|Author||: Mikki Kendall|
A NEW YORK TIMES BESTSELLER “One of the most important books of the current moment.”—Time “A rousing call to action... It should be required reading for everyone.”—Gabrielle Union, author of We’re Going to Need More Wine “A brutally candid and unobstructed portrait of mainstream white feminism.” —Ibram X. Kendi, author of How to Be an Antiracist A potent and electrifying critique of today’s feminist movement announcing a fresh new voice in black feminism Today's feminist movement has a glaring blind spot, and paradoxically, it is women. Mainstream feminists rarely talk about meeting basic needs as a feminist issue, argues Mikki Kendall, but food insecurity, access to quality education, safe neighborhoods, a living wage, and medical care are all feminist issues. All too often, however, the focus is not on basic survival for the many, but on increasing privilege for the few. That feminists refuse to prioritize these issues has only exacerbated the age-old problem of both internecine discord and women who rebuff at carrying the title. Moreover, prominent white feminists broadly suffer from their own myopia with regard to how things like race, class, sexual orientation, and ability intersect with gender. How can we stand in solidarity as a movement, Kendall asks, when there is the distinct likelihood that some women are oppressing others? In her searing collection of essays, Mikki Kendall takes aim at the legitimacy of the modern feminist movement, arguing that it has chronically failed to address the needs of all but a few women. Drawing on her own experiences with hunger, violence, and hypersexualization, along with incisive commentary on politics, pop culture, the stigma of mental health, and more, Hood Feminism delivers an irrefutable indictment of a movement in flux. An unforgettable debut, Kendall has written a ferocious clarion call to all would-be feminists to live out the true mandate of the movement in thought and in deed.
|Author||: Megan Seely|
|Editor||: NYU Press|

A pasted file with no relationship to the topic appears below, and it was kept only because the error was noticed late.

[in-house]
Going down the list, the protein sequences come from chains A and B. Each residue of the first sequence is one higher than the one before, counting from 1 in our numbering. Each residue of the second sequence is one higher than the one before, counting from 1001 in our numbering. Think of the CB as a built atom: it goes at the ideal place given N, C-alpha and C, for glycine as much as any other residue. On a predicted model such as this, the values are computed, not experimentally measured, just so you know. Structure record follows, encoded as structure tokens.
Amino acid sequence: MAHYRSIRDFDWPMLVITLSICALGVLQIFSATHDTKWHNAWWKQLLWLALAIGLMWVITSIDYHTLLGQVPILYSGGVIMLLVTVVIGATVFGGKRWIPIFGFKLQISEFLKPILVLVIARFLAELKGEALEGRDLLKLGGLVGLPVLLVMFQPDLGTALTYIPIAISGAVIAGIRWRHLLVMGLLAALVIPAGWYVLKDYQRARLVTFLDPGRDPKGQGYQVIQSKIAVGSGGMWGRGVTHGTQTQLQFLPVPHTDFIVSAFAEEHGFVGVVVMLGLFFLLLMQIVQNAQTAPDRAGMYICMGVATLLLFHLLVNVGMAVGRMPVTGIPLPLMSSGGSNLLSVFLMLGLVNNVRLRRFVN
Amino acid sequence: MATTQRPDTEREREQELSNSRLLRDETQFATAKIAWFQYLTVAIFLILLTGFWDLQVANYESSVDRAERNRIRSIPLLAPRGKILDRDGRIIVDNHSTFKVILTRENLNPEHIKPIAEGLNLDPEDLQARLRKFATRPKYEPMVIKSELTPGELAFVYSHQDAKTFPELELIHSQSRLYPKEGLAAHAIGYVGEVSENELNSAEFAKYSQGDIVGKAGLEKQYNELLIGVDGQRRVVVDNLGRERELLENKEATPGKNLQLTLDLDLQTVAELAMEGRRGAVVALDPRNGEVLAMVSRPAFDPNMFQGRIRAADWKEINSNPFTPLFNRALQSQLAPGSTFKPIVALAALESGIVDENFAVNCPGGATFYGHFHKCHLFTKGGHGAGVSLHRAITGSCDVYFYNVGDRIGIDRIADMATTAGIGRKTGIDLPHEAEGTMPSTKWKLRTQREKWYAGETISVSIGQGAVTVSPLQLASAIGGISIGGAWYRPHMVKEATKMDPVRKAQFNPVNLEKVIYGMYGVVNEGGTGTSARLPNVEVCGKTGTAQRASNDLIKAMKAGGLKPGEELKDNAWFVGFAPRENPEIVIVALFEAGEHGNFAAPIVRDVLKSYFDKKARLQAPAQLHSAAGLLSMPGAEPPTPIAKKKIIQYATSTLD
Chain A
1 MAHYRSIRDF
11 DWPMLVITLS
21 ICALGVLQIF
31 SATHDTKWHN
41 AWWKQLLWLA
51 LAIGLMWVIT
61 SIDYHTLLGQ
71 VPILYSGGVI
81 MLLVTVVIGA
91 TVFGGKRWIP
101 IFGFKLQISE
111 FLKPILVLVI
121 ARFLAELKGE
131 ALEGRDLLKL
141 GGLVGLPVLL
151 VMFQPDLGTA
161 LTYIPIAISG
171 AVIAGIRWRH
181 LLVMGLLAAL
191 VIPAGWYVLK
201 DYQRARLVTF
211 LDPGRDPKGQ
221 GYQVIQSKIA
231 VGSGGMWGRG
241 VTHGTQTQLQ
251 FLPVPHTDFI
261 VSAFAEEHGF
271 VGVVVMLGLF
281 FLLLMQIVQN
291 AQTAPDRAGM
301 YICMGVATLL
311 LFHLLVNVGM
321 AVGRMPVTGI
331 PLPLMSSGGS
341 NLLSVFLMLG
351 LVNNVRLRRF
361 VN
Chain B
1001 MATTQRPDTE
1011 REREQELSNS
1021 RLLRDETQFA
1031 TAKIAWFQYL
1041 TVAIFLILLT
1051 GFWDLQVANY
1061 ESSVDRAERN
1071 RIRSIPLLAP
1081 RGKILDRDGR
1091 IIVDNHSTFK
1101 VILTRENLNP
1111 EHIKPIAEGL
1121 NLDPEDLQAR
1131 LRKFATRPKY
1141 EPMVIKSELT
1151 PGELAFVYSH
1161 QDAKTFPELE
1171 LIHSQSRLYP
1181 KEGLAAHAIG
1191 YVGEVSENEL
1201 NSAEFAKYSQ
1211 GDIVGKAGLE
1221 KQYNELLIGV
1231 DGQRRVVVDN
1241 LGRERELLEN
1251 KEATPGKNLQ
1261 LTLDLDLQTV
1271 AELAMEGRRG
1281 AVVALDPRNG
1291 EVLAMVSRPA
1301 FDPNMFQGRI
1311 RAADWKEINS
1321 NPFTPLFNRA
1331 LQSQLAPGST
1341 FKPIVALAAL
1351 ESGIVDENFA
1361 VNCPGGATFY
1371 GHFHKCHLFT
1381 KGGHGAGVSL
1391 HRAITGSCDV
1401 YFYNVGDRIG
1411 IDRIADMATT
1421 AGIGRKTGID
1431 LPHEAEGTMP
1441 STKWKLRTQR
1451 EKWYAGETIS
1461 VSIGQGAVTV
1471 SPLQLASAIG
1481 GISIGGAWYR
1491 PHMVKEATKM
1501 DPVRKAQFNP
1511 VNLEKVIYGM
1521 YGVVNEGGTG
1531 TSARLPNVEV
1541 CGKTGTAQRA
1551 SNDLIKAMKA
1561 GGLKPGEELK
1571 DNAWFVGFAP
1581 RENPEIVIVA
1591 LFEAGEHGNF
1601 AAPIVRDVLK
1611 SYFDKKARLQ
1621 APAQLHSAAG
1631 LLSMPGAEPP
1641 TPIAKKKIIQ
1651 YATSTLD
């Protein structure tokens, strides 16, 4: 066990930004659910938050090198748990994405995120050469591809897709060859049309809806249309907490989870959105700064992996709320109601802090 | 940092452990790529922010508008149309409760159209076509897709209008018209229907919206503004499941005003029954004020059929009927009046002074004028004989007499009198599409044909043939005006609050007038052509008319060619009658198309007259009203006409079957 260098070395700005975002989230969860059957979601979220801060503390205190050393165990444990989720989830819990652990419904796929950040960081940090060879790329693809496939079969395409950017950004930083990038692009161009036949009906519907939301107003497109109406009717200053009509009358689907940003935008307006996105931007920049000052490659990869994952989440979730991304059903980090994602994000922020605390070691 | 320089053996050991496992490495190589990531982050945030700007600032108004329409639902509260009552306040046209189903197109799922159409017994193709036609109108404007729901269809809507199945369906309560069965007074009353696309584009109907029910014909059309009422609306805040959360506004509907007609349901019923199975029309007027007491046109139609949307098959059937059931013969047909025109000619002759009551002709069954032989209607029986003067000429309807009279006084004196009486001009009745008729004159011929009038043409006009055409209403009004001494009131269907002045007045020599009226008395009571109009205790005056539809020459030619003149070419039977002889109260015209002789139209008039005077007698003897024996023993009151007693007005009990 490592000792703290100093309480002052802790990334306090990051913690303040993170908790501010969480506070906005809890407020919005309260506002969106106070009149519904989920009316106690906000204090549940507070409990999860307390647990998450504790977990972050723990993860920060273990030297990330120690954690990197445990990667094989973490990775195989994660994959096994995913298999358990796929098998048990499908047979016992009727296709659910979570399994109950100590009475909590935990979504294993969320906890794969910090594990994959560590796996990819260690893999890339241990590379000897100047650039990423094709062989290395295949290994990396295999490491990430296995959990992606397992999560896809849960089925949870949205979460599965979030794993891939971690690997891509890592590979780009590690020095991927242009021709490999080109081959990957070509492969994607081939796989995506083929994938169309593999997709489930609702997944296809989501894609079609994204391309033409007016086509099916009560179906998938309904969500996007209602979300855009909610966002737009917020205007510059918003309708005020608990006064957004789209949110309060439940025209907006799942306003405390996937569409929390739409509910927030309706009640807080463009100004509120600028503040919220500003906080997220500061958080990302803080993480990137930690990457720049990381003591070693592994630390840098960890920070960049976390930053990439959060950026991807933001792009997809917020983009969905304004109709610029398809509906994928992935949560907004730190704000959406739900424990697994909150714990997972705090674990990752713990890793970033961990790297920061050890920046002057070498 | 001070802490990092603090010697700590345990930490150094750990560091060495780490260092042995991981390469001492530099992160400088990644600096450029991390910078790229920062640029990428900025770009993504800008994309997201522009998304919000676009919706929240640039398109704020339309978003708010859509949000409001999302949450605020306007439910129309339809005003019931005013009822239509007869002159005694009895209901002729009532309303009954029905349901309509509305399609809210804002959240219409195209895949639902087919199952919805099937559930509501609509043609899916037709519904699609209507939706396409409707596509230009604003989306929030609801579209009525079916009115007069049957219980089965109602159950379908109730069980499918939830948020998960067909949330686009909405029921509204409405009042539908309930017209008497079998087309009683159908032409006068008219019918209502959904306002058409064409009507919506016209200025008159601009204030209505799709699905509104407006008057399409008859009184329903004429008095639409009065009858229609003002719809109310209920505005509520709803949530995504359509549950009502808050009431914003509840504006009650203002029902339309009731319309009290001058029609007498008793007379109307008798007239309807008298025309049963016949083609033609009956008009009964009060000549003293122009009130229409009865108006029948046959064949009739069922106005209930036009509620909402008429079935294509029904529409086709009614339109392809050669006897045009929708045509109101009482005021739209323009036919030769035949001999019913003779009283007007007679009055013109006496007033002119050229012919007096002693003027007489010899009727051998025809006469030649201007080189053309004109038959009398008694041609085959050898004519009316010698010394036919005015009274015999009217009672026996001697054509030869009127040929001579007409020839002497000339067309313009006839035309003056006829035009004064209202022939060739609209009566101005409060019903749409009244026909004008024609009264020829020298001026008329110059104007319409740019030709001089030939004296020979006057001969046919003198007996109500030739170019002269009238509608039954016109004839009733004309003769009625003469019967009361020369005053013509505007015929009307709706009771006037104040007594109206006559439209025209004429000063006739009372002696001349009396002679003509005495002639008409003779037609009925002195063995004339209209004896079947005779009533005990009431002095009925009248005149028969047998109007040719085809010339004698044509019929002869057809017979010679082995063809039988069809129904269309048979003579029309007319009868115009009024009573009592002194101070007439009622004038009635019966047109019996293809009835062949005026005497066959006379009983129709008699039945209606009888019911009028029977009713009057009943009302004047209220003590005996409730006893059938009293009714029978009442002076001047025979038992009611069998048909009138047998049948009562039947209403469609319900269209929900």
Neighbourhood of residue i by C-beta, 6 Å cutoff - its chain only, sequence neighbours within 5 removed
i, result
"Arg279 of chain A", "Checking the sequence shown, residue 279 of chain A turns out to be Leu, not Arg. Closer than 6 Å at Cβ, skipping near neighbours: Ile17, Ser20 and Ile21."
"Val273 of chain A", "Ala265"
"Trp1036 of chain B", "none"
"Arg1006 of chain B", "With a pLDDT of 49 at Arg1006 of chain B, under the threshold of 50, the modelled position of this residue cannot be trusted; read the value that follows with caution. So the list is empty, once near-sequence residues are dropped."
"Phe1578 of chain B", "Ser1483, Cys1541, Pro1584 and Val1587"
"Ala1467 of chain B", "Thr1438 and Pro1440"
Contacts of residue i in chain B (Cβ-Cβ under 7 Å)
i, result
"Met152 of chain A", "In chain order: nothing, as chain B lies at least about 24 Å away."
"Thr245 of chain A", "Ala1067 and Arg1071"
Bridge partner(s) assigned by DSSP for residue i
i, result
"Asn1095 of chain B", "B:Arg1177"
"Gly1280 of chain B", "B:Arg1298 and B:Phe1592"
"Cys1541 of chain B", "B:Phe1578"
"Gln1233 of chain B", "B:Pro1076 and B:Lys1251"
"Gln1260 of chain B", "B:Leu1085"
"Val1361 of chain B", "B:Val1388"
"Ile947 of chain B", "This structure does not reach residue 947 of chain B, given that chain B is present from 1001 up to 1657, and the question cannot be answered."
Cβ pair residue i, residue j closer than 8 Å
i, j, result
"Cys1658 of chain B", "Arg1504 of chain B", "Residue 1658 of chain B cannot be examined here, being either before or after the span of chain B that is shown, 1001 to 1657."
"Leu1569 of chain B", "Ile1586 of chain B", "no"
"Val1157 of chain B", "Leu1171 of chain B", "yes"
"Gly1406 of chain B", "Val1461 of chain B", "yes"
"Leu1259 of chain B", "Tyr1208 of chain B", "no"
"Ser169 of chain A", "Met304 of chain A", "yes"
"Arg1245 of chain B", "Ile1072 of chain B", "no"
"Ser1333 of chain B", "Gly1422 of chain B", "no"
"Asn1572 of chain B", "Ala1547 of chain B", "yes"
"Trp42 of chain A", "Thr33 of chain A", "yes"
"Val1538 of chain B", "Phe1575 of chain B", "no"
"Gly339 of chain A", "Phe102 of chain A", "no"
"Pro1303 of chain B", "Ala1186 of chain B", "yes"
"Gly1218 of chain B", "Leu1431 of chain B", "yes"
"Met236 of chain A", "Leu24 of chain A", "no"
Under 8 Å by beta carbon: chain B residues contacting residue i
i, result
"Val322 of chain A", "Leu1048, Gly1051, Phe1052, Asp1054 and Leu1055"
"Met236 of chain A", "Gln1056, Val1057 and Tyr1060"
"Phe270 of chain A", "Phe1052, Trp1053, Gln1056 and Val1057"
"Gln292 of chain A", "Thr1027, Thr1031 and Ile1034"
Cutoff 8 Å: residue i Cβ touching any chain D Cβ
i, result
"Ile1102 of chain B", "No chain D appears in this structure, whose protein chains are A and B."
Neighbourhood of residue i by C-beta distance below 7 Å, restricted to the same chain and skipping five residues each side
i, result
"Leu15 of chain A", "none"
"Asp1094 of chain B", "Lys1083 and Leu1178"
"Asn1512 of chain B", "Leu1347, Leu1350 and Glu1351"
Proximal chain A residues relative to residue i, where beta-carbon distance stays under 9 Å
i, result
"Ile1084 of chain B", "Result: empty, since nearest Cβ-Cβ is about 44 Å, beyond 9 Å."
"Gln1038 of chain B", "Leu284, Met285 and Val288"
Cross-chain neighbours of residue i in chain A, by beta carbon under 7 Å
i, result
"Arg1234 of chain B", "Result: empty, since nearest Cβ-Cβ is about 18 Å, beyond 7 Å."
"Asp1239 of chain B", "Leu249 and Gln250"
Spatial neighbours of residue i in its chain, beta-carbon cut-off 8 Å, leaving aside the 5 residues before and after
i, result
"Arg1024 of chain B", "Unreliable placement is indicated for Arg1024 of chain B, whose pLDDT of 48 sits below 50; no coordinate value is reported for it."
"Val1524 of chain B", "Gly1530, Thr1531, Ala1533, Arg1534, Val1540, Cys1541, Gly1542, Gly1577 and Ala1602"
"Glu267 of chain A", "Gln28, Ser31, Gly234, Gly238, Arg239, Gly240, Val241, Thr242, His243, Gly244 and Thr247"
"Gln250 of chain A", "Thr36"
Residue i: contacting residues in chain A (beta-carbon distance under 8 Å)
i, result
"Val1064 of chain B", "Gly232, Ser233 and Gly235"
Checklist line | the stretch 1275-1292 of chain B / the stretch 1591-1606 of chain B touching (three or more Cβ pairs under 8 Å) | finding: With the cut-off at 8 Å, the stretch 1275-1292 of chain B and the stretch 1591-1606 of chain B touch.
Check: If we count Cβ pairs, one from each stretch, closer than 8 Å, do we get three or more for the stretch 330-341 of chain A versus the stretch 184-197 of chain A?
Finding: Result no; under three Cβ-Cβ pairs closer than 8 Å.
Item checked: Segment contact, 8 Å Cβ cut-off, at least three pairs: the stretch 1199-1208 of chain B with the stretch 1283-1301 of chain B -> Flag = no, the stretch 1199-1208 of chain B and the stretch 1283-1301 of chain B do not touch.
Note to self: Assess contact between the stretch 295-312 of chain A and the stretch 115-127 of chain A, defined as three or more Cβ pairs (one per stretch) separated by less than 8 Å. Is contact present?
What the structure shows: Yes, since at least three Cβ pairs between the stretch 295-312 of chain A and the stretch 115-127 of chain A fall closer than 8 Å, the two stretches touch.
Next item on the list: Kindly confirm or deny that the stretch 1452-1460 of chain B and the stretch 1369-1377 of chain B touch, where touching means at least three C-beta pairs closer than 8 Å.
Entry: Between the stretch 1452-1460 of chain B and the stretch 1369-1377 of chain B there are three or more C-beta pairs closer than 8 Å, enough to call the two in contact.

View the Author's website! Seely, the youngest elected president of California's chapter of the National Organization for Women, combines her own story of third-wave feminism with an overview of the feminist movement and words to guide others. Third-wave feminists are aware of both the victories won by earlier feminists and the problems of class, race, sexual orientation, and internationalism that must still be overcome. This book weaves a deep respect for the foremothers with commonsense discussion of current obstacles and suggestions for direct action, resulting in a work that reminds us of what too many activists forget-every progressive movement has a long history, few organizing tricks are new, and problems must be understood before they can be solved. Seely includes booklists, time lines, web sites, and how-to tips that will help readers over the bridge from her insights to real world activism. For midsize to larger public libraries, academic libraries, and all feminist collections. —Library Journal "Want to know what it means to be a feminist of the third wave? Megan Seely's Fight Like a Girl is the answer; there’s enough information here to make you angry and enough resources to make you an effective activist. —Jennifer Baumgardner and Amy Richards, co-authors of Manifesta: Young Women, Feminism and the Future “Always engaging, interesting, and insightful. Fascinating and sure to engage many young women!” —Sherrie A. Inness, editor of Action Chicks “The resources, helpful hints about organizing and working with the press, the short bios of companies and fabulous feminists are great!” —Caryn Aviv, co-editor of American Queer, Then and Now Fight Like a Girl is packed with both information and inspiration for young women by a young woman who knows her stuff. It's a terrific practical feminist resource book with an optimistic attitude that says in clear language, “You're in charge of your life and here's how to stay that way”. —Gloria Feldt, former president, Planned Parenthood Federation of America and author of The War on Choice: The Right-Wing Attack on Women's Rights and How to Fight Back Fight Like a Girl offers a fearless vision for the future of feminism. By boldly detailing what is at stake for women and girls today, Megan Seely outlines the necessary steps to achieve true political, social and economic equity for all. Reclaiming feminism for a new generation, Fight Like a Girl speaks to young women who embrace feminism in substance but not necessarily in name. With an eye toward what it takes to create actual change, Seely offers a practical guide for how to get involved, take action and wage successful events and campaigns. The book is full of valuable resources for novice and committed activists alike, including such features as “How to Write a Press Release,” “Guidelines to a Good Media Interview,” “A Feminist Shopping Guide,” and a list of over 100 Fabulous Feminist Resources, including organizations, websites, and events to attend. Each chapter is full of ideas, both big and small, for ways to get involved, get active, and make a difference. Exploring such issues as body image and self-acceptance, education and empowerment, health and sexuality, political representation, economic justice, and violence against women, Fight Like a Girl looks at the challenges that women and girls face while emphasizing the strength that they independently, and collectively, embody. Seely delves into the politics of the feminist movement, exploring both women's history and current–day realities with easy-to-follow lists and timelines like those on “Women Who Made a Difference,” “Chronology of the U.S. Women's Movement,” and “Do's and Don'ts for Young Feminists.” A Third Wave manifesto as well as an introduction to feminism for a new generation, Fight Like A Girl is a powerful blueprint for young women today.